The shots rang out.
Murray Rankin hid under a desk at the Centre Block building at Parliament Hill in Ottawa Wednesday, as an NDP caucus meeting quickly turned into a whirling state of terror.
“Just before 10 a.m., we heard what we thought were construction sounds,” said Rankin, Victoria MP. “We’ve never heard those noises before. Then at one point I heard a dozen, maybe 10 gunshots going off.”
At that point, security took charge, barricaded the doors and told NDP caucus members to take cover and not to leave.
“We put chairs in front of the doors, and we were told to go to the floor and get under the desk.”
A soldier who was guarding the National War memorial died after being shot down by a gunman on Wednesday morning. Sergeant-at-arms Kevin Vickers, brother of Victoria resident John Vickers, is credited with shooting and killing one gunman on Parliament Hill.
Rankin’s thoughts immediately went to his staff in an adjacent building, wondering if they were safe.
But getting through was difficult, as phone lines were jammed. Worry was building as people desperately searched for answers.
After several attempts, Rankin finally got through to his assistant and confirmed she was safe, although also on lockdown in the East Block building of Parliament Hill.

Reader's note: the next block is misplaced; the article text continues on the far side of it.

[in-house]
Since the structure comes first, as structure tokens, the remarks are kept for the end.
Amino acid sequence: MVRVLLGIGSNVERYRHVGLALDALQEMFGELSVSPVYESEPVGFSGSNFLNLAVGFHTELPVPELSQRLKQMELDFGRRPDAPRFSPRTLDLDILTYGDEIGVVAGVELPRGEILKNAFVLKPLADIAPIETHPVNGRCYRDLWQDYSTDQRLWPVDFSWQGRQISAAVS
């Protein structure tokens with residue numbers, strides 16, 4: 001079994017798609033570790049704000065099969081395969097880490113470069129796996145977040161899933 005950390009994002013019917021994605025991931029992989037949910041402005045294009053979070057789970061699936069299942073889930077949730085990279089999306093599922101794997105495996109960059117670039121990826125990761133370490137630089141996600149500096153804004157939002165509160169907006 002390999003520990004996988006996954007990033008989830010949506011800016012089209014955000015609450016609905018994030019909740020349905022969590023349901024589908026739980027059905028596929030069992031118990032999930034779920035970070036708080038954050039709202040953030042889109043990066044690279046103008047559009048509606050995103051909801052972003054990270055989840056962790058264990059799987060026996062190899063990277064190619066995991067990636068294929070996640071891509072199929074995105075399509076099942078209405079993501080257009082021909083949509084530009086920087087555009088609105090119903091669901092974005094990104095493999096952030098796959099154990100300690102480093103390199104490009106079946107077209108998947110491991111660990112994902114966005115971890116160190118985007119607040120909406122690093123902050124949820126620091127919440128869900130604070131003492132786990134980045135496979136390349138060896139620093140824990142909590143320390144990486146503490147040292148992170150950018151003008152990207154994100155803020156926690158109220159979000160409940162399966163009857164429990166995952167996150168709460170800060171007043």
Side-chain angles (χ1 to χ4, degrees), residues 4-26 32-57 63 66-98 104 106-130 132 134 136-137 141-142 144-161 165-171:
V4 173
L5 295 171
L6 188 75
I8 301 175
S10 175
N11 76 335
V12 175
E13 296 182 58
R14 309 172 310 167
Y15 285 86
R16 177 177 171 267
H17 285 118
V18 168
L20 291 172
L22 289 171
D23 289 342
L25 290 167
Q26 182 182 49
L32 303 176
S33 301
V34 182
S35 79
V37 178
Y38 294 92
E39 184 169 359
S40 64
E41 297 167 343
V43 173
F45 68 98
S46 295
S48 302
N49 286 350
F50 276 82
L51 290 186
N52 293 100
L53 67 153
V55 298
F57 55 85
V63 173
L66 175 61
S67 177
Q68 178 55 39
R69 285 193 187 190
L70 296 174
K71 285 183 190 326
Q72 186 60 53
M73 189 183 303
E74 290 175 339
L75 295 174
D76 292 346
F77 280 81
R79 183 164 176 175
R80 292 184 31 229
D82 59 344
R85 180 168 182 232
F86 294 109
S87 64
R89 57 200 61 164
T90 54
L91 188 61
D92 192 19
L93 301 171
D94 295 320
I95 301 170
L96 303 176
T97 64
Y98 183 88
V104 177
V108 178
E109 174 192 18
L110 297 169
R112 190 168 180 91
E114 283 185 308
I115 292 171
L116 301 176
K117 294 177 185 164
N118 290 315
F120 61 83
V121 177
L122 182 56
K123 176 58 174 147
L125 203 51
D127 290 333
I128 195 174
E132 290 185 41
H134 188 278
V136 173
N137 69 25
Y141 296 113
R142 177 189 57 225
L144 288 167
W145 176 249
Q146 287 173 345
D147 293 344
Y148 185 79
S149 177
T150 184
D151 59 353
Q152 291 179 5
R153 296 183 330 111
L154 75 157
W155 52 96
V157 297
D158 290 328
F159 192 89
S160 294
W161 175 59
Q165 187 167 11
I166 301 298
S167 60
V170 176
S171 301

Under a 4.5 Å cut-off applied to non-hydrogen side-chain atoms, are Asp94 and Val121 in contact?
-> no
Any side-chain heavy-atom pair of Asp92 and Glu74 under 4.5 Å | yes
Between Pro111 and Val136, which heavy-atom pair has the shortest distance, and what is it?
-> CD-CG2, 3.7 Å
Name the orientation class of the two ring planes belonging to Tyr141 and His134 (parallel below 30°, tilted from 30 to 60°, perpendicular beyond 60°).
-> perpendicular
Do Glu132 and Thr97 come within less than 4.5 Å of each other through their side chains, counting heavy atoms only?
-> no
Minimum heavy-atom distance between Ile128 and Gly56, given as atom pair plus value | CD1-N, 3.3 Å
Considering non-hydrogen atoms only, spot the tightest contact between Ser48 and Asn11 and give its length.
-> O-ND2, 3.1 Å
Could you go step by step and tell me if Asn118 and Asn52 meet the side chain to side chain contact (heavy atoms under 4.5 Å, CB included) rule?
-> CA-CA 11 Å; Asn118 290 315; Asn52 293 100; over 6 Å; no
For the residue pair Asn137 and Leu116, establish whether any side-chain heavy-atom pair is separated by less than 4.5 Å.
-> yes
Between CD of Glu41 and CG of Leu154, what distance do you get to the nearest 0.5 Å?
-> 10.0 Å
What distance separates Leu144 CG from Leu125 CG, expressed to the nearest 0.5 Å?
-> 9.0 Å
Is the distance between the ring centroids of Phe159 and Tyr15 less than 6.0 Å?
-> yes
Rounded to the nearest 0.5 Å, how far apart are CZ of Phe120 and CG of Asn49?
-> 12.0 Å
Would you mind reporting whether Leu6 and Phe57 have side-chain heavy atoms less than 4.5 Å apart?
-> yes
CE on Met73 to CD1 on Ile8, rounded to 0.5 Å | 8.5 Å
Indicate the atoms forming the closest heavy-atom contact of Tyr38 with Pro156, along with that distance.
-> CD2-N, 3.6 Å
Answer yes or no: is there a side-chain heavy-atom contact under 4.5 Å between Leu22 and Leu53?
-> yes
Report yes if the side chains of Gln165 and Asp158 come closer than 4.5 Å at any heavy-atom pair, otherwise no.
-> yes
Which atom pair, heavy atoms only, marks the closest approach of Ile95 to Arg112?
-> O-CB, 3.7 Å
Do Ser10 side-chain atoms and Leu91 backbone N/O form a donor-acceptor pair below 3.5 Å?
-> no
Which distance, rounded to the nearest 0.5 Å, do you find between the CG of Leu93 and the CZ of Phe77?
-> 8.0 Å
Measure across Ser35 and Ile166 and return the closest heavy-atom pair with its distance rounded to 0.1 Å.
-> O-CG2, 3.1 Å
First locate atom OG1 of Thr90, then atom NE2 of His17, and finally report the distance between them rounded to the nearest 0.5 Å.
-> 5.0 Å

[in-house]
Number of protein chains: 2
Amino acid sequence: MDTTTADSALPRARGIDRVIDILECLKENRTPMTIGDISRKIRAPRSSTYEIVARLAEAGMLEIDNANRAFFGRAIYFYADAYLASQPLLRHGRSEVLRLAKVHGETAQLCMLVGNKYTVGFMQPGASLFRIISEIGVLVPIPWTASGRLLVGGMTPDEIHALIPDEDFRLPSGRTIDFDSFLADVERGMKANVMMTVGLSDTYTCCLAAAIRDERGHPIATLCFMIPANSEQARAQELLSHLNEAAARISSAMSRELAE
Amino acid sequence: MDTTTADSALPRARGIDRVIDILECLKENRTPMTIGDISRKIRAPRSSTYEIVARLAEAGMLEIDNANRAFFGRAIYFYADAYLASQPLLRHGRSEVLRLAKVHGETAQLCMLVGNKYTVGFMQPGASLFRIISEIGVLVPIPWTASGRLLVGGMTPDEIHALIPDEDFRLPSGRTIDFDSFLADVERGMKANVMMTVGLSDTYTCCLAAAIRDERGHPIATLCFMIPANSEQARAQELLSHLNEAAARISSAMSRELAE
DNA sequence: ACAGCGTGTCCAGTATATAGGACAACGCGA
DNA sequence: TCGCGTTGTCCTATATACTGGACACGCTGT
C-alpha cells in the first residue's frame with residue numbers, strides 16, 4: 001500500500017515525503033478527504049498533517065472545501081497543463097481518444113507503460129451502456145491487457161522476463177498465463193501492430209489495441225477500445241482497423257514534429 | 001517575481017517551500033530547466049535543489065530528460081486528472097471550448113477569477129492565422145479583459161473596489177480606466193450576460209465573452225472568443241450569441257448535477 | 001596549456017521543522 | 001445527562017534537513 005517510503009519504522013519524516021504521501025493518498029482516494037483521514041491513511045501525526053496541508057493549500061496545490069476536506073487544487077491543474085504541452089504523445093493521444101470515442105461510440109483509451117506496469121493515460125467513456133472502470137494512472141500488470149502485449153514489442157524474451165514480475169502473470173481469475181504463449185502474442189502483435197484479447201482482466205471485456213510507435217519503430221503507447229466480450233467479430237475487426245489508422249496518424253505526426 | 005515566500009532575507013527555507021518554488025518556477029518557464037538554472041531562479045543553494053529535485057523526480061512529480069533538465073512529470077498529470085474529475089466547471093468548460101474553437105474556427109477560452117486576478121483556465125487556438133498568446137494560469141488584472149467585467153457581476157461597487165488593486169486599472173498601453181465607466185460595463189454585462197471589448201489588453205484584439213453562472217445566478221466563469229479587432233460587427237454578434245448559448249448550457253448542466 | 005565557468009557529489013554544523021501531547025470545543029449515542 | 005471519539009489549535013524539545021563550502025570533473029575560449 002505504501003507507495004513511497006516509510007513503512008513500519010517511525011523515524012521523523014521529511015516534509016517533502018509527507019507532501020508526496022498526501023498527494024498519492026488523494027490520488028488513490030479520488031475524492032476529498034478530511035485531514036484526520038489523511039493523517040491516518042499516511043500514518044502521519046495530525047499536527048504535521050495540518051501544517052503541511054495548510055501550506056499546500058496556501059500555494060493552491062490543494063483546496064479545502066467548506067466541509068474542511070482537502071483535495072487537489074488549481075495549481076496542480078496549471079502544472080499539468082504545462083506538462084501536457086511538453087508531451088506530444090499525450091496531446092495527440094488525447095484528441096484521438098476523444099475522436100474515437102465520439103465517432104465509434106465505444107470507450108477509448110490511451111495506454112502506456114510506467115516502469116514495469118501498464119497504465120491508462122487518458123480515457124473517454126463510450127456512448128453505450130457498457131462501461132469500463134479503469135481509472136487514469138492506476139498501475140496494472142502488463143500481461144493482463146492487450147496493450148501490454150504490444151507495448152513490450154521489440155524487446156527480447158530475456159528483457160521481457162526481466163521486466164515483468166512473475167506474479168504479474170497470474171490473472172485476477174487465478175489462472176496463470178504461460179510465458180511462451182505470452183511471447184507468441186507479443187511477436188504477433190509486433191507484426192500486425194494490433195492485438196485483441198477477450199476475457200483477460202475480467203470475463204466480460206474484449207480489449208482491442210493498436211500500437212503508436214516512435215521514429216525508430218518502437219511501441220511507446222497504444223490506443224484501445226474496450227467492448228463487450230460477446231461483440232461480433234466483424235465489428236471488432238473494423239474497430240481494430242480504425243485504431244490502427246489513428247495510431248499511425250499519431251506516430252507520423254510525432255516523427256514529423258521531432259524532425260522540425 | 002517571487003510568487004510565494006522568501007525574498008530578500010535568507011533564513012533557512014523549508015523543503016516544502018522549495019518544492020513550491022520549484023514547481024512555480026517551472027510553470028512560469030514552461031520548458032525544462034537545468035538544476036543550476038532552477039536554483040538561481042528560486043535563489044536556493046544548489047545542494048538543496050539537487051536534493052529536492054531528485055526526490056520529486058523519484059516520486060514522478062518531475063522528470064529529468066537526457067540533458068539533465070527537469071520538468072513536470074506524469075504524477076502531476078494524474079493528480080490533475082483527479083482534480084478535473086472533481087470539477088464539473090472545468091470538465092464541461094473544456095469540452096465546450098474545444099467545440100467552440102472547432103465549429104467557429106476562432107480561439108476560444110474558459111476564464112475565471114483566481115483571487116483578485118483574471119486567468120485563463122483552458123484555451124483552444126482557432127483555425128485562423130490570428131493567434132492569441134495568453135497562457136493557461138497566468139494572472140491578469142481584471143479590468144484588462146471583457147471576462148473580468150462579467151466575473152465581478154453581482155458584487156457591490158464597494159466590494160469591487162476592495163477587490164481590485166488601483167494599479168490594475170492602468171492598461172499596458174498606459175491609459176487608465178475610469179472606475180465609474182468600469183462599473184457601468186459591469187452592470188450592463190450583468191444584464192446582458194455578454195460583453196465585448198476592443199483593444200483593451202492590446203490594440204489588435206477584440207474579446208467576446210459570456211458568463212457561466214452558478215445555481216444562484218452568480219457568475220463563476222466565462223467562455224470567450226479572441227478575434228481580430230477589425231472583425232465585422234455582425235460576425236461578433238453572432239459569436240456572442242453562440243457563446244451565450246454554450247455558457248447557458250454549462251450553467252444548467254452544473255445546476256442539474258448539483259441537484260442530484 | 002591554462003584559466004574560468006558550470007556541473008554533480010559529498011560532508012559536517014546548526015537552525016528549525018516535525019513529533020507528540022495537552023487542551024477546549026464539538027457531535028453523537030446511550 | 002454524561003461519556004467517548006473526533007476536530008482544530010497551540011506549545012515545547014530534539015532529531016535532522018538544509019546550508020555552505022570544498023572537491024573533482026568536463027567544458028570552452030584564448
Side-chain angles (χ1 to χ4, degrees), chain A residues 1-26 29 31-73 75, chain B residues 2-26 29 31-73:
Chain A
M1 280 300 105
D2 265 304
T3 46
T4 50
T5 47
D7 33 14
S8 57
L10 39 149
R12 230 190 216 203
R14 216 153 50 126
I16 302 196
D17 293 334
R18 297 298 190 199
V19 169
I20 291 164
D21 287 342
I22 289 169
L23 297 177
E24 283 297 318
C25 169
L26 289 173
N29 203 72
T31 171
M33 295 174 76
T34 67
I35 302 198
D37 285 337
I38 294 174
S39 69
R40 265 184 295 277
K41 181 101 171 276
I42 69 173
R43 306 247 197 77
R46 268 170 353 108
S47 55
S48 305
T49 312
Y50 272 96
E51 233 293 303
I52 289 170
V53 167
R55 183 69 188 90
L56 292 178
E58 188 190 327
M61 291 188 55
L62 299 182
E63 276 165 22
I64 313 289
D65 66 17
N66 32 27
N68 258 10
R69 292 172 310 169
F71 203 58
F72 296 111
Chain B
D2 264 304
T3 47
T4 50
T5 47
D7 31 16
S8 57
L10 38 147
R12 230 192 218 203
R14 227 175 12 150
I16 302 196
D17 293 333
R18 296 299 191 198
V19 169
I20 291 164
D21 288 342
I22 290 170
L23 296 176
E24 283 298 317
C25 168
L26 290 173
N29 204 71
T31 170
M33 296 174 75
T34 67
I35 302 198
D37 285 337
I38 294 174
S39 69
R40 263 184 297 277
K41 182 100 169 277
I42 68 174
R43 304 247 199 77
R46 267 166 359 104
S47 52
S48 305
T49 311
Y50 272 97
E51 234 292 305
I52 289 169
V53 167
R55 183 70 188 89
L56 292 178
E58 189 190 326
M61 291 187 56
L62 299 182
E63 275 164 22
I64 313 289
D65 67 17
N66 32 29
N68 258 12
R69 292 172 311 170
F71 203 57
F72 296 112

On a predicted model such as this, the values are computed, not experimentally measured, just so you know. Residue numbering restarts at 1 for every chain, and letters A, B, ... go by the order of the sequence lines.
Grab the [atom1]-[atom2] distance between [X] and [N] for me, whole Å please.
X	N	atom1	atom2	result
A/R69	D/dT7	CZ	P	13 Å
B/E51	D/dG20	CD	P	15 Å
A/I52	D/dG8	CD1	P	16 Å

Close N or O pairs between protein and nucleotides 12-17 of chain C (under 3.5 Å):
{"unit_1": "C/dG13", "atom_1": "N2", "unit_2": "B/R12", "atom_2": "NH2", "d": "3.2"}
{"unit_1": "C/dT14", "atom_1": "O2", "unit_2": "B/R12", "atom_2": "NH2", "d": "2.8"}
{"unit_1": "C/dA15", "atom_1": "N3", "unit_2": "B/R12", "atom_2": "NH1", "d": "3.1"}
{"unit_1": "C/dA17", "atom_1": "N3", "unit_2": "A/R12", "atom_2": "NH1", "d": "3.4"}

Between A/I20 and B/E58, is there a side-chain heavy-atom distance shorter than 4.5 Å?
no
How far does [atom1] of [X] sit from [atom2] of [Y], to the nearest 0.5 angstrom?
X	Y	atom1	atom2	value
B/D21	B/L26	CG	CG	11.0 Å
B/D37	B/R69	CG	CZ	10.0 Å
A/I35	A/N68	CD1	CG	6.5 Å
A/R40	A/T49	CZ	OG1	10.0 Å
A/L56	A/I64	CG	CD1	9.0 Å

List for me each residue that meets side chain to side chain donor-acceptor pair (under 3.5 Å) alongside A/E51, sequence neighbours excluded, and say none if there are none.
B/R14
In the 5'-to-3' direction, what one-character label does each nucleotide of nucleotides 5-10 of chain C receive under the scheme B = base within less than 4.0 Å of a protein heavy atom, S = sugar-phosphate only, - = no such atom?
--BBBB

Rankin and his colleagues remained huddled together under the desk awaiting instruction. A colleague next to him was visibly shaking with fear. No one knew what would happen next.
About 15 minutes later, a security guard told them all to line up in single file and leave by the side door.
Despite the visible anxiety of his colleagues, Rankin said nobody panicked.
“I’m proud to say we all evacuated the building in an orderly way.”
One security guard led them out of the building, then they were taken to another building near Parliament Hill and put under lockdown.
“There are hundreds of military and police personnel in the area,” said Rankin. “Outside the building are people with machine guns. It’s not something that’s ever been experienced in Ottawa before.”
The shock is insurmountable.
“You hear of these things and you think of them happening on other countries. You don’t think of them happening in Canada.”
Despite the fear and uncertainty, Rankin will not let those feelings control him.
“We’re not going to let terrorists, or whoever these people are, change the way that democracy works in Canada. We have to stand firm against this. We have to not let these incidents change the way we do the people’s business.”
The B.C. legislature increased its security on Wednesday, and was not open to the public. Only those on official business, or who are with a prearranged school tour or event were permitted inside.
“We are watching events in Ottawa, and we’re just being vigilant,” said Craig James, clerk of the B.C. Legislature. We’ve been advised by the national authorities to be vigilant.”